Analysts Ilham Centre predict Pakatan to win 100 parliamentary seats and Johor

Attendees don Tun Dr Mahathir Mohamad masks during the Ceramah Kebangkitan Rakyat in Ayer Hitam May 5, 2018. ― Picture by Shafwan Zaidon
Attendees don Tun Dr Mahathir Mohamad masks during the Ceramah Kebangkitan Rakyat in Ayer Hitam May 5, 2018. ― Picture by Shafwan Zaidon

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KUALA LUMPUR, May 8 — Independent research firm Ilham Centre today said Pakatan Harapan (PH) could secure about 100 out of 165 parliamentary seats in Peninsular Malaysia.

In addition to Penang and Selangor, its executive director Hisomudin Bakar said PH’s chances of winning Johor are also very high. 

At the parliamentary level, he said PH can comfortably win 77 parliamentary seats, while Barisan Nasional (BN) could probably retain 56 seats.

As for PAS, he said only seven seats — mainly in the east coast — would go to the Islamist party.

“Assuming there is a tough fight in some seats, PH could win more than 100 parliamentary seats to take over Putrajaya.

“As for states, Johor is likely to go to PH, while we will see a close fight between PH and BN in Kedah and Perak,” he said in a statement.

He said seats with about 75 per cent Malay majority are no longer BN’s safe seats because of the influence of Tun Dr Mahathir Mohamad and his Parti Pribumi Bersatu Malaysia (PPBM).

“This strategy has also changed the theory of a three-cornered fight that was previously seen as a benefit to BN.

“The strength of Dr Mahathir’s stature and PPBM is seen as enough to attract Malay votes,” he said.

Even attacks made against the former prime minister, Hisomudin said, were seen as an advantage for Dr Mahathir and his coalition.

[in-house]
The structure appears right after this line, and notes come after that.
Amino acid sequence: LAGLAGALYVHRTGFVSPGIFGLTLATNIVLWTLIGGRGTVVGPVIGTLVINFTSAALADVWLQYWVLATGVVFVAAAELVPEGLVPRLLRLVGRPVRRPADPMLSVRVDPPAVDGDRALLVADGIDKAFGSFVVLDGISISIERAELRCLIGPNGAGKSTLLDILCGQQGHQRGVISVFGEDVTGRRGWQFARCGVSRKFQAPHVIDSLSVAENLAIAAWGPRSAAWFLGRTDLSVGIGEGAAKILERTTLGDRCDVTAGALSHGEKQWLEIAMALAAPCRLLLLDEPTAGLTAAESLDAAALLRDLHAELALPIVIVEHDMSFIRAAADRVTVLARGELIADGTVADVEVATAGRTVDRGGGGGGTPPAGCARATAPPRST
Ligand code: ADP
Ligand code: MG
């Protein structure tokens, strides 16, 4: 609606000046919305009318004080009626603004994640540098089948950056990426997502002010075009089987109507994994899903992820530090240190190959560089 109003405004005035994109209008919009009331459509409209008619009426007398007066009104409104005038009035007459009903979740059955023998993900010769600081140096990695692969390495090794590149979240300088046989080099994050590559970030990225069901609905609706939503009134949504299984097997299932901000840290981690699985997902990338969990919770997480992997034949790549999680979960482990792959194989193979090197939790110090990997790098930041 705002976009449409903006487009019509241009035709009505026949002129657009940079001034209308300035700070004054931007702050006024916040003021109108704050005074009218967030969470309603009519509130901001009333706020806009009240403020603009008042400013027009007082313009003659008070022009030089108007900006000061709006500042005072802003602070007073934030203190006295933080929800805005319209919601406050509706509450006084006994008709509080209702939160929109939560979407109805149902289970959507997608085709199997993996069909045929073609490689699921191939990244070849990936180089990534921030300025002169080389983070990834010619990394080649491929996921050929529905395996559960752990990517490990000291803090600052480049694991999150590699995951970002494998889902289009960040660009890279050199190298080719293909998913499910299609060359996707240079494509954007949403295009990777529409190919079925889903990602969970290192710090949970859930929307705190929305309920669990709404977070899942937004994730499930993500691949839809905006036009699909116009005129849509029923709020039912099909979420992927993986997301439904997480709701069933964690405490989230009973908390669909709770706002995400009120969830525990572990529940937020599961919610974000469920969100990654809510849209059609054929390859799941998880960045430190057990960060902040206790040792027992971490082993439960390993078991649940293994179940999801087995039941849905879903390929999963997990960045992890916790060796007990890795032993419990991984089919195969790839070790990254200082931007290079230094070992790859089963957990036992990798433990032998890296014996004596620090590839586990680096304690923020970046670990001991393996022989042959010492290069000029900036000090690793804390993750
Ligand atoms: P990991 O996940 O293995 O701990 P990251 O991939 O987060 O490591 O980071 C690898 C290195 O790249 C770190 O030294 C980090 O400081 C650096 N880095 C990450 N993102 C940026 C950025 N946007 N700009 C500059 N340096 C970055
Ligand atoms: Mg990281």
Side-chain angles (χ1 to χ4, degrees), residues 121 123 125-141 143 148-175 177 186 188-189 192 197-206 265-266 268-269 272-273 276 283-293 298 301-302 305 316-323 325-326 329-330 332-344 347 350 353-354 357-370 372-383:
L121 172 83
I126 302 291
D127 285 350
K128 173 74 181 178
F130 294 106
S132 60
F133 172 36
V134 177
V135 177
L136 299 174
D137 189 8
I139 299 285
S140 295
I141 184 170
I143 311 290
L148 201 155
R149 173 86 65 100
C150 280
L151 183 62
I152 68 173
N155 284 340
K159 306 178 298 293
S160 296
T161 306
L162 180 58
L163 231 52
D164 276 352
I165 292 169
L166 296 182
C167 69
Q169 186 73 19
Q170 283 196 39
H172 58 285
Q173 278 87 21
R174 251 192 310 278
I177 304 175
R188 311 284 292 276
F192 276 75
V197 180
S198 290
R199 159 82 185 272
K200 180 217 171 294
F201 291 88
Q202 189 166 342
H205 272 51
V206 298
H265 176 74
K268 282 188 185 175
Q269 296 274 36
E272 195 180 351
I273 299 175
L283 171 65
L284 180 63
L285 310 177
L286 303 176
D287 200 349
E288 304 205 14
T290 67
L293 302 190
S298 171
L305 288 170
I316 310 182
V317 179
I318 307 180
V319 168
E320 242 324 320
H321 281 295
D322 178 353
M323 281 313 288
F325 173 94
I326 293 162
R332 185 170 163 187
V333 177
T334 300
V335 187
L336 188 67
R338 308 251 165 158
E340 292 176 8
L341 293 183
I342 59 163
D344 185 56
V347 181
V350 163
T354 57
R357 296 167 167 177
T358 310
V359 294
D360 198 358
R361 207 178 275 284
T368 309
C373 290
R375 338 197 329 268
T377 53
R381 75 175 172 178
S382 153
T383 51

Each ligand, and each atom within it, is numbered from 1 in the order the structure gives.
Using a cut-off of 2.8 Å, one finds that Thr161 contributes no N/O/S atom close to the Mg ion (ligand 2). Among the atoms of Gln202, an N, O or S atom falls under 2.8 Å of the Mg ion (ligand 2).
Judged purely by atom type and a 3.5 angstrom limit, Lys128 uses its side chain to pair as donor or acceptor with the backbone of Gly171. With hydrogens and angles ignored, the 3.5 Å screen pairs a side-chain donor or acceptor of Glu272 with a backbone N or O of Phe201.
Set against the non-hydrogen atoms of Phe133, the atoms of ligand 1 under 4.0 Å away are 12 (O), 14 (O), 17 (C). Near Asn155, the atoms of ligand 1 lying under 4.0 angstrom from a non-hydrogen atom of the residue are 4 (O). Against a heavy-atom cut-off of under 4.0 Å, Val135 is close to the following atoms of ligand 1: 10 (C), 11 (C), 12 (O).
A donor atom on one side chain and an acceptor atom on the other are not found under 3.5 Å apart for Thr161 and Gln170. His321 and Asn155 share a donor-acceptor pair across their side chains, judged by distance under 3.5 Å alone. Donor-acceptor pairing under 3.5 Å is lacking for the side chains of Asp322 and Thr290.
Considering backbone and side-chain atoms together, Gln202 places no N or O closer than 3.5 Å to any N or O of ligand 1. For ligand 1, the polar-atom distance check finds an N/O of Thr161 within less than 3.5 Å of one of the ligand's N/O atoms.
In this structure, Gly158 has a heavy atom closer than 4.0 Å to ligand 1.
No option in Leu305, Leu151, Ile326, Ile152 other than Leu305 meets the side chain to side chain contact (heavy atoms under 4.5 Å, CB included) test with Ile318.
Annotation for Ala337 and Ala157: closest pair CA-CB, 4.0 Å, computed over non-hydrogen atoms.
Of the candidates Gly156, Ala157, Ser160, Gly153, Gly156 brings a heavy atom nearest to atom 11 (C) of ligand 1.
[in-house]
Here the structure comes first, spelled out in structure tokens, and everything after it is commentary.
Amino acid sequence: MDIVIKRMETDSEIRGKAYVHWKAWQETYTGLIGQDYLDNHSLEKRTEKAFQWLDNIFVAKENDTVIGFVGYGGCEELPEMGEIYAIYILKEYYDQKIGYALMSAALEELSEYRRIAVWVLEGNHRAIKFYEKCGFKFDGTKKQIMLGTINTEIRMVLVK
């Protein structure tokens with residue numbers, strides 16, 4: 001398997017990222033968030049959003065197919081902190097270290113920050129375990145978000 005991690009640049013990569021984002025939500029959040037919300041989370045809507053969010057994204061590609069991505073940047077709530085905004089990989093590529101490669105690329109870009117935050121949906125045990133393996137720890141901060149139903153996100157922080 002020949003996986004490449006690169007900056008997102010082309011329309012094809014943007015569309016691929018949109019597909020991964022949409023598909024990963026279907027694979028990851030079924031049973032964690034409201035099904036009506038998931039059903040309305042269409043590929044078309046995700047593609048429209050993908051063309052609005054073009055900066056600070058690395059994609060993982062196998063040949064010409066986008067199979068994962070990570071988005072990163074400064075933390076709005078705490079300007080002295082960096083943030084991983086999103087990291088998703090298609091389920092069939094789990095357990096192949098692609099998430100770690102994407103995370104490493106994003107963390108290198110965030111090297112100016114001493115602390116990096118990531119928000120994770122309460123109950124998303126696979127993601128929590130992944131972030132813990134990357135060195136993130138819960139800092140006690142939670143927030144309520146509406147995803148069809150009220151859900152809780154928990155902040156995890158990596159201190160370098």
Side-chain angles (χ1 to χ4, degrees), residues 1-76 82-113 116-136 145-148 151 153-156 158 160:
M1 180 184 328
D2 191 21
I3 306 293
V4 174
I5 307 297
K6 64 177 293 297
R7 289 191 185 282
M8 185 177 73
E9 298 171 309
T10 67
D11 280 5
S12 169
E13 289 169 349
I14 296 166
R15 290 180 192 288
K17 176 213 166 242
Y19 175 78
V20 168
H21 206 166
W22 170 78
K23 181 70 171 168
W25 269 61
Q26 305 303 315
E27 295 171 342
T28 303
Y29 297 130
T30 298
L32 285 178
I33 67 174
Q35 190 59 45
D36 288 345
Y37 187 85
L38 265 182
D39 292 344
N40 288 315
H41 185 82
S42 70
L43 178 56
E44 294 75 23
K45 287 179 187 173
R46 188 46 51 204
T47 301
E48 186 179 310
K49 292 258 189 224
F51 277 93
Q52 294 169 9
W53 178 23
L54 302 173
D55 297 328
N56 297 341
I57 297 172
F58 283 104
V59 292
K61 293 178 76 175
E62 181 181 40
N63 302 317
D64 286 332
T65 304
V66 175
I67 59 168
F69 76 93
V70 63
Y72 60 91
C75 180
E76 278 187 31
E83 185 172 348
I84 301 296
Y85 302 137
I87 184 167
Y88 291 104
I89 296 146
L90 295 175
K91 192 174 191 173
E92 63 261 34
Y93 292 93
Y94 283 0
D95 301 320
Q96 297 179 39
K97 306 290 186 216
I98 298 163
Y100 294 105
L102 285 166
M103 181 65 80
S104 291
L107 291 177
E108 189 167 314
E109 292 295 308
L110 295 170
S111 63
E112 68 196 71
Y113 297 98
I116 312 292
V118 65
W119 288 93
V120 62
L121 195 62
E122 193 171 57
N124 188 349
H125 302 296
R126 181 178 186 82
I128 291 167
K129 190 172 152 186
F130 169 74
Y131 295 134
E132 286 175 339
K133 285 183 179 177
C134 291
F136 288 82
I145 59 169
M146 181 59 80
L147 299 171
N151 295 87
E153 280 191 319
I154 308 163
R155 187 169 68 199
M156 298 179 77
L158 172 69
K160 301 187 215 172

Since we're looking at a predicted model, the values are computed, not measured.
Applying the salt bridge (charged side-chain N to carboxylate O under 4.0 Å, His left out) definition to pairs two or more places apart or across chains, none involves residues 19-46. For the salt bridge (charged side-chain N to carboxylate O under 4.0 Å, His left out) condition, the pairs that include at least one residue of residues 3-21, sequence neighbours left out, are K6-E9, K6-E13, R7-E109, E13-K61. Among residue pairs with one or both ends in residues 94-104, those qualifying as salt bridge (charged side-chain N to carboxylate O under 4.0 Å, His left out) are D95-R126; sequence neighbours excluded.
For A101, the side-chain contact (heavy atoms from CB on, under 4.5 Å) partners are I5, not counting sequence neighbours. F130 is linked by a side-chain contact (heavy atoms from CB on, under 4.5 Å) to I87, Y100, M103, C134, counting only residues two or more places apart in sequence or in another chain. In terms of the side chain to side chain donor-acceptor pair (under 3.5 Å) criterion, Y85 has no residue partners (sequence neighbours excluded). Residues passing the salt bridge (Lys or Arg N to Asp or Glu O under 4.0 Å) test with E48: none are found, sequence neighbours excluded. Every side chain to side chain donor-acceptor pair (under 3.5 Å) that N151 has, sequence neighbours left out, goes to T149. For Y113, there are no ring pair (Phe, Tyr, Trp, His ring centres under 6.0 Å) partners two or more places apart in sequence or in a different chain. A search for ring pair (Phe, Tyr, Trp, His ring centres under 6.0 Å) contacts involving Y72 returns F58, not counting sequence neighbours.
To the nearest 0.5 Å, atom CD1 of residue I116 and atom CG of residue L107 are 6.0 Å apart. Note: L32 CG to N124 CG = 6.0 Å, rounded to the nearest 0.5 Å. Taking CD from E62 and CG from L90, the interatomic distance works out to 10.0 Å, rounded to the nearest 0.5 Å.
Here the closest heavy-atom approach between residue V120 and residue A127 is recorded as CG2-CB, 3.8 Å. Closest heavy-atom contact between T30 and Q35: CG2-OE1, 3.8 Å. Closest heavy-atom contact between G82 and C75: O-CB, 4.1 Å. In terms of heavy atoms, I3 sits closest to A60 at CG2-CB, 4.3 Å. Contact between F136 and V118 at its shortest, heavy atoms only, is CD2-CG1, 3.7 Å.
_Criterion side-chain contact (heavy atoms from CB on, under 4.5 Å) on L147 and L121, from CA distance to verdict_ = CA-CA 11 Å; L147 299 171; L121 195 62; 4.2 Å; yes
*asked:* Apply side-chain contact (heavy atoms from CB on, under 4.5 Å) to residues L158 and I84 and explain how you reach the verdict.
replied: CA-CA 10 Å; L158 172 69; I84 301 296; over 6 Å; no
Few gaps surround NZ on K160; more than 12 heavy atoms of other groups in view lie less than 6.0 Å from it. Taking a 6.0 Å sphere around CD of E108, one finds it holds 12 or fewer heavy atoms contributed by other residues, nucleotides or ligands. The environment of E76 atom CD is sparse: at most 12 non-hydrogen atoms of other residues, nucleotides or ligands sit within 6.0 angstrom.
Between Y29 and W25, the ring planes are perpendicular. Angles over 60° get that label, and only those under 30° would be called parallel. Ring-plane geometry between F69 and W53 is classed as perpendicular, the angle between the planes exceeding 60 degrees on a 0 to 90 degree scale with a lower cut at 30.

These attacks, including attacking Dr Mahathir’s health and body, he added, had in fact increased the former’s popularity.

“This also includes the decision to ban PPBM’s logo and the ability to get (former Cabinet ministers) Tan Sri Rafidah Aziz, Tan Sri Rais Yatim, and Tun Daim Zainuddin onboard,” he said.

Like in Johor, Hisomudin explained that the people were not angry with Umno, but were just unhappy with Datuk Seri Najib Razak and the attacks against Dr Mahathir.

“This has made people to pity Dr Mahathir and inadvertently given Pakatan free publicity,” he said.

Another reason why PH could win this election, Hisomudin said, was because the bulk of voters was around the age of 39.

He added that this group of people were among those who participated in the Reformasi movement supporting Datuk Seri Anwar Ibrahim in 1999 and thus, could be the determining factor in deciding who wins tomorrow.

Hisomudin pointed that although PH lost to PAS and BN in the conventional political campaign such as erecting flags and banners, the coalition has, however, successfully executed a series of mega ceramah that attracted extraordinary turnouts.

Hisomudin said his team had monitored 165 parliamentary constituencies for over a month to collect this data.

His team, he said, had conducted the research on a micro-level and covered all localities.

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